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Remembering the Sistine Chapel Restorer Whose Work Brought Back Michelangelo’s Original Colors

If today you are still able to admire the original colors that Michelangelo painted for his absolute masterpieces, the Sistine Chapel’s vaulted ceiling and The Last Judgement, you have to thank Gianluigi Colalucci, who died in Rome on March 29 at the age of 92. Few are probably familiar with his name, yet Colalucci carried out, as the master restorer of the Sistine Chapel, what has been described as ‘the restoration of the century.’

The Last Judgment by Michelangelo in the Sistine Chapel in Rome

A very delicate work that took 15 years to complete (starting in 1980), and which contributed to breathe new life into the studies and research on Michelangelo's painting technique. At the same time, the restoration caused some controversy which Colalucci himself recounted in a book he wrote, Io e Michelangelo (Michelangelo and I), the story of the restoration of the Sistine Chapel.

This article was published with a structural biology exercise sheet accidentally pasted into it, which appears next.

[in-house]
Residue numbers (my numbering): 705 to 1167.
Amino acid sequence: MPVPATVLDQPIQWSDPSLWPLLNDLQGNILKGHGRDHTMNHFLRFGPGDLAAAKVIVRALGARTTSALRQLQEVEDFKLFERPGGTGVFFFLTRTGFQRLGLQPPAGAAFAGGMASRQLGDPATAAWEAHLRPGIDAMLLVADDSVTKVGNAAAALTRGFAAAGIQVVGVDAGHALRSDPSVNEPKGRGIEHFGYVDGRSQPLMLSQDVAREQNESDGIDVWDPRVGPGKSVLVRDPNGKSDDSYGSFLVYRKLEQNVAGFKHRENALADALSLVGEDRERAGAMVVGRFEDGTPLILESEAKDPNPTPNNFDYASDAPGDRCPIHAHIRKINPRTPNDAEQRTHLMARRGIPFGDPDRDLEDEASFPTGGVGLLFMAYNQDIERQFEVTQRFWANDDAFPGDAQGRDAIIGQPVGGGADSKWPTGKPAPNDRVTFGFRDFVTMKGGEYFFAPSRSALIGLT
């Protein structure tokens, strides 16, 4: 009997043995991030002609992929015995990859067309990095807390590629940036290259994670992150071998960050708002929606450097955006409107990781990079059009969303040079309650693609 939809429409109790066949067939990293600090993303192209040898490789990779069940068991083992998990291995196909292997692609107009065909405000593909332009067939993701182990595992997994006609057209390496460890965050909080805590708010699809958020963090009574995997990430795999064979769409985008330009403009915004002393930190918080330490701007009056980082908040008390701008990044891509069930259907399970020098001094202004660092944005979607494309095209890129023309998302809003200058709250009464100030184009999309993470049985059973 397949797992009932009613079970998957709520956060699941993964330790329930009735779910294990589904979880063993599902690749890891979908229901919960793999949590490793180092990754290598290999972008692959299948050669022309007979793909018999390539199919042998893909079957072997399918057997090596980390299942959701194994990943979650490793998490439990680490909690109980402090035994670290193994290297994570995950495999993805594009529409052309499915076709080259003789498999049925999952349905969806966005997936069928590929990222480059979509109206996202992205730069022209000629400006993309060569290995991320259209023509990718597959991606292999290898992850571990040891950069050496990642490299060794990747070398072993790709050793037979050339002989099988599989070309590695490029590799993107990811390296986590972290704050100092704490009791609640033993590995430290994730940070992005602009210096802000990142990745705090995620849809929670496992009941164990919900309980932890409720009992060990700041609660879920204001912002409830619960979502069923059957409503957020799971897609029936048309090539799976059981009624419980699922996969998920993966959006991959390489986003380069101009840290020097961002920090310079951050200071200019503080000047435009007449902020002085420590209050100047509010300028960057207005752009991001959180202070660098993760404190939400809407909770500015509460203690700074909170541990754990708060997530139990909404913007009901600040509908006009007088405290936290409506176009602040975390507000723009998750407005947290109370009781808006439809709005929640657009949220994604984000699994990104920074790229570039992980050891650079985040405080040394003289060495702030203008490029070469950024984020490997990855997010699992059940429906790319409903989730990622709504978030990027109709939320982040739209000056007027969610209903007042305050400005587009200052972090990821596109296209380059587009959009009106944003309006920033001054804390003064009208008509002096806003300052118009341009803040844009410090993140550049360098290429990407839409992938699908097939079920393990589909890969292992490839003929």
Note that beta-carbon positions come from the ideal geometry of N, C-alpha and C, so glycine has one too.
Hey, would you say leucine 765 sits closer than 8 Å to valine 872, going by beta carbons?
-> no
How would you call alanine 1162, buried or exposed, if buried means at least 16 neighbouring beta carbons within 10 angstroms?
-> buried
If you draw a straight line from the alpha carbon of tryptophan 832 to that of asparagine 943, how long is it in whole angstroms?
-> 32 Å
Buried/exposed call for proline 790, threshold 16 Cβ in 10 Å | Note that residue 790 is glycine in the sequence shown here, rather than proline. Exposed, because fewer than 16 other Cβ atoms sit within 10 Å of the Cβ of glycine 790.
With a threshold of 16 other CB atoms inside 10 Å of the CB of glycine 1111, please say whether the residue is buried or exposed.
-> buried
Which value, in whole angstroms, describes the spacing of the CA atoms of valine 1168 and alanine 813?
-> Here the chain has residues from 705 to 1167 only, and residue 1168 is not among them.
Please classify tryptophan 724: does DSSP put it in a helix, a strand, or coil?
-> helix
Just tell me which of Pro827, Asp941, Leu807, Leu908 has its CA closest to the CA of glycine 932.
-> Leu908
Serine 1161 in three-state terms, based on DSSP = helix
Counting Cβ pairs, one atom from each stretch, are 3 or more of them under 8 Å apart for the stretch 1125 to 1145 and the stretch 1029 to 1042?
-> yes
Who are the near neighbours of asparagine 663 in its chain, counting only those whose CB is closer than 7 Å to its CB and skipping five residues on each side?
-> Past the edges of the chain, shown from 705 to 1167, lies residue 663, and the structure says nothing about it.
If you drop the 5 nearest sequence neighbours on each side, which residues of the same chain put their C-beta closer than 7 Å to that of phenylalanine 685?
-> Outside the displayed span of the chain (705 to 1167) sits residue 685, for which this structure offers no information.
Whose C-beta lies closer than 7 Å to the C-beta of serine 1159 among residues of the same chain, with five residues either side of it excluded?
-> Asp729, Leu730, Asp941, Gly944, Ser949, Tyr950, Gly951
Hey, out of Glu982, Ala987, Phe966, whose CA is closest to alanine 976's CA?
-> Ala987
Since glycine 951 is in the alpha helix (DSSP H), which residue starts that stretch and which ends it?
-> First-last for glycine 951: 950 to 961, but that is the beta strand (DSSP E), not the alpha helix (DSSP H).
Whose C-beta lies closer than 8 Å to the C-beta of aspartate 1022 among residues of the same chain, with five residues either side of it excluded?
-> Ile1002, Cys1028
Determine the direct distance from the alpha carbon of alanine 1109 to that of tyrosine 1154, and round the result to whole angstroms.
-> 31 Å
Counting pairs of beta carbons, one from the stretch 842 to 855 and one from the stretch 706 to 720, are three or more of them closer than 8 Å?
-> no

During the course of his long career, Colalucci restored many great masterpieces in the history of art, including works by Raphael, Guido Reni, Lorenzo Lotto, Mantegna, Titian, Caravaggio, Leonardo, and Giotto's frescoes in the Scrovegni Chapel in Padua.

But the work on the Sistine Chapel was certainly his most important (and challenging) undertaking.

Colalucci’s restoration revived the original colors of what can be considered the world’s most famous frescoes. Hidden under a blanket of smoke, dirt and wax accumulated for centuries, the intense blues, reds and yellows Michelangelo used for his paintings resurfaced.

At first, the visual impact before and after the restoration caused some to criticize the result. To which Colalucci replied, “That’s what the Sistine Chapel looks like - not because it has been cleaned too heavily, but because it has been cleaned to the point that it has salvaged Michelangelo's painting. And that's that.”

“It is thanks to Colalucci’s courage and talent that today the colors of Michelangelo's ceiling and Last Judgment appear in all their dazzling splendor,” wrote the Vatican Museums, led by director Barbara Jatta, in a statement announcing his death.


Courtesy: Italymagazine

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